ONGC sells $1 billion dual-tranche bond

India's largest oil and gas explorer returns to the international capital markets to seek fresh capital to refinance an acquisition loan.

ONGC Videsh, the overseas arm of India's biggest oil-and-gas explorer ONGC, issued a dual-tranche bond on Tuesday after average spreads on the country's US dollar-denominated bonds hit the lowest level in almost a year.

The Reg S sale is the state-owned oil company's first international bond offering in more than two years, raising $1 billion from a five-and-a-half year bond and a 10-year bond.

Despite scarcity of new supply from Indian corporates, the company, rated Baa2/BBB- by Moody's and S&P, paid virtually no new issue premium for the issue, highlighting its persistent stringent cost control.

Orders exceeded $3 billion at peak before the release of final price guidance, primarily driven by Asian investors outside of the country, two sources familiar with the transaction said. 

"The shorter-dated bond captured a mix of private banking accounts and institutional investors, while the longer-term bond garnered more orders from life insurance companies, given scarcity of quality investment-grade Indian credits offering decent yield to investors" one of the sources commented.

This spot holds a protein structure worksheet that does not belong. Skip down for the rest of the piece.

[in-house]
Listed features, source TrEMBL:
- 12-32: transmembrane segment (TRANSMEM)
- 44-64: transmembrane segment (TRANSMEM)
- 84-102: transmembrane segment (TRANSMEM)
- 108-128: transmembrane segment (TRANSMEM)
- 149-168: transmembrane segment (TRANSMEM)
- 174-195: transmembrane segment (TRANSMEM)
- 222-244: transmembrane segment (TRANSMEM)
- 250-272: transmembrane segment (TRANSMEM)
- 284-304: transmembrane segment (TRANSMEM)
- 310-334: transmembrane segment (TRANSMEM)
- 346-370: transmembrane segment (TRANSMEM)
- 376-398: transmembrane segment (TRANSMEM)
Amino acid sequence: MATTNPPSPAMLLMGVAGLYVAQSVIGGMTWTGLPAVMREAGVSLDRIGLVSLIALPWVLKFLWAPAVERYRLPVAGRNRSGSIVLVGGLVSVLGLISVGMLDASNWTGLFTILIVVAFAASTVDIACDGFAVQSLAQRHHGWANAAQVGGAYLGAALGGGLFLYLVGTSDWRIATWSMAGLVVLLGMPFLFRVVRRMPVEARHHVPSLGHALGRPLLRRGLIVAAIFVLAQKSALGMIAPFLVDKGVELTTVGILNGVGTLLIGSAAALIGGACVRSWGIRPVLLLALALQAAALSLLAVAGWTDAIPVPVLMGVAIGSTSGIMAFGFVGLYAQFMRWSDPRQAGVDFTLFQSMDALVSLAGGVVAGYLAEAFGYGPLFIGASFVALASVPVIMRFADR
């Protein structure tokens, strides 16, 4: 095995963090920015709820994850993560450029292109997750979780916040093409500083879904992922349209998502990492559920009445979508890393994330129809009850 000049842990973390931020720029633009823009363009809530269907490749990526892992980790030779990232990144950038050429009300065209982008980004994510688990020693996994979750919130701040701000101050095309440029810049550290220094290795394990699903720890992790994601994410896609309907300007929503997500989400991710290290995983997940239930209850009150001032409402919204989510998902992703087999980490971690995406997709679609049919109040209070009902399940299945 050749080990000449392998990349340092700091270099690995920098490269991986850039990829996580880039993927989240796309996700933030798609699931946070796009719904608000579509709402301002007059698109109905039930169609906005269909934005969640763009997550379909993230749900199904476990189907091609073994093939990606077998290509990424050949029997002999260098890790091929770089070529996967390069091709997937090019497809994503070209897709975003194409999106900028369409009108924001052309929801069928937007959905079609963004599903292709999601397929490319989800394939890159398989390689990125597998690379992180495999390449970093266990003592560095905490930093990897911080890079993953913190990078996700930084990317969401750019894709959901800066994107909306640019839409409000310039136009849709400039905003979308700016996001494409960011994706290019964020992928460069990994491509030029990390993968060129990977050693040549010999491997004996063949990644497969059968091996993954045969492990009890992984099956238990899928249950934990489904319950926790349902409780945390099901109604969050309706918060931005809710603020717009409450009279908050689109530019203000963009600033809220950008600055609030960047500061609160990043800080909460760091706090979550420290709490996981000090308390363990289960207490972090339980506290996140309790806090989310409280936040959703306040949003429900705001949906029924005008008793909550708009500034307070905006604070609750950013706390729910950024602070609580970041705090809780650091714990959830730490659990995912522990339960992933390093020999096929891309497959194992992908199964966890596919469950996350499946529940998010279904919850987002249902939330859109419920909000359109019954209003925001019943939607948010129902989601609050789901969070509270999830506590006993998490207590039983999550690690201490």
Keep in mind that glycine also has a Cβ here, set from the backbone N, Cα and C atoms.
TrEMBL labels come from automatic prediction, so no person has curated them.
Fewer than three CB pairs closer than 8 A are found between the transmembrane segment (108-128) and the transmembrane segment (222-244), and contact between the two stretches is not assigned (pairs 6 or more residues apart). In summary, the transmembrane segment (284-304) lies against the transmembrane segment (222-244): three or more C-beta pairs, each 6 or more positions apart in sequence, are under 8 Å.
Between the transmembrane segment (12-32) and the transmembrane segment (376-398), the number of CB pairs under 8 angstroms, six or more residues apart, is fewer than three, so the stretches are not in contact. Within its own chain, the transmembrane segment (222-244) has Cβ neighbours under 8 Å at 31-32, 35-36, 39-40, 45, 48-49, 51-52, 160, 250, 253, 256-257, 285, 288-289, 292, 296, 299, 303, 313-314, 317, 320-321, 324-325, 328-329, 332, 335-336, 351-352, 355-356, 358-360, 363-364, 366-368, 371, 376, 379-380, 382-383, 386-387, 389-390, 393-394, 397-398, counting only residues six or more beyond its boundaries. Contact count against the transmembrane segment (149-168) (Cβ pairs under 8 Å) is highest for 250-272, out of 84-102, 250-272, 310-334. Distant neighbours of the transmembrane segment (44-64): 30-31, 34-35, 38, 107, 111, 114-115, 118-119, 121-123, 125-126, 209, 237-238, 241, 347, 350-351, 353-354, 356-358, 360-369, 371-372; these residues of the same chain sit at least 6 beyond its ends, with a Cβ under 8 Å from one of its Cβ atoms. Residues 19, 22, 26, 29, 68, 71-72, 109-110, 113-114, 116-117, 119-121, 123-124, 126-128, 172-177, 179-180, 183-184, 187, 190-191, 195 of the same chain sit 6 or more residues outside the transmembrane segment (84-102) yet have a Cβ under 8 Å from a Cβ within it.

According to Dealogic, Indian companies have raised $3.4 billion in 10 deals internationally, compared with $8.8 billion through 33 transactions last year and 2014's $18.8 billion from 45 issues.

Unsurprisingly, both tranches were priced at the tight end.

Initial guidance of the five-and-a-half year was set 195bp over Treasuries, before tightening to 175bp-180bp. Final pricing of the $400 million January 2022 was fixed at par on a coupon of 2.875%, or 175bp over Treasuries, according to a term sheet seen by FinanceAsia.

For the 10-year tranche, the notes were initially marketed at 235bp over Treasuries, before guidance was tightened to 220bp over. Final pricing of the $600 million July 2026 note was set at 99.81% on a coupon of 3.75% to yield 3.773%, or 220bp over Treasuries.

The closest comparables were its existing $750 million July 2019 and $500 million May 2023 notes, which were trading 161bp and 171bp over Treasuries, or a G-spread of 146bp and 191bp, respectively.

Other comparables include NTPC's BBB- rated 4.25% $500 million February 2026 bond, which was trading 211bp over Treasuries, or a G-spread of 212bp. 

That suggested the company priced the new offering flat to its existing secondary curve. 

The company plans to use the fresh proceeds from the debt sale to refinance its existing $1.2 billion bridge loan to fund the acquisition of a 15% stake in Russia's second-largest oil field, Vankor in Siberia.

In a note dated July 14, Moody's said it expects the company's borrowing to increase in the next 12 months because it may further buy another 11% stake in Vankor. 

Joint global coordinators of the transaction were Citi and Standard Chartered, while DBS, Mizuho Securities, MUFG and SMBC Nikko were joint bookrunners.

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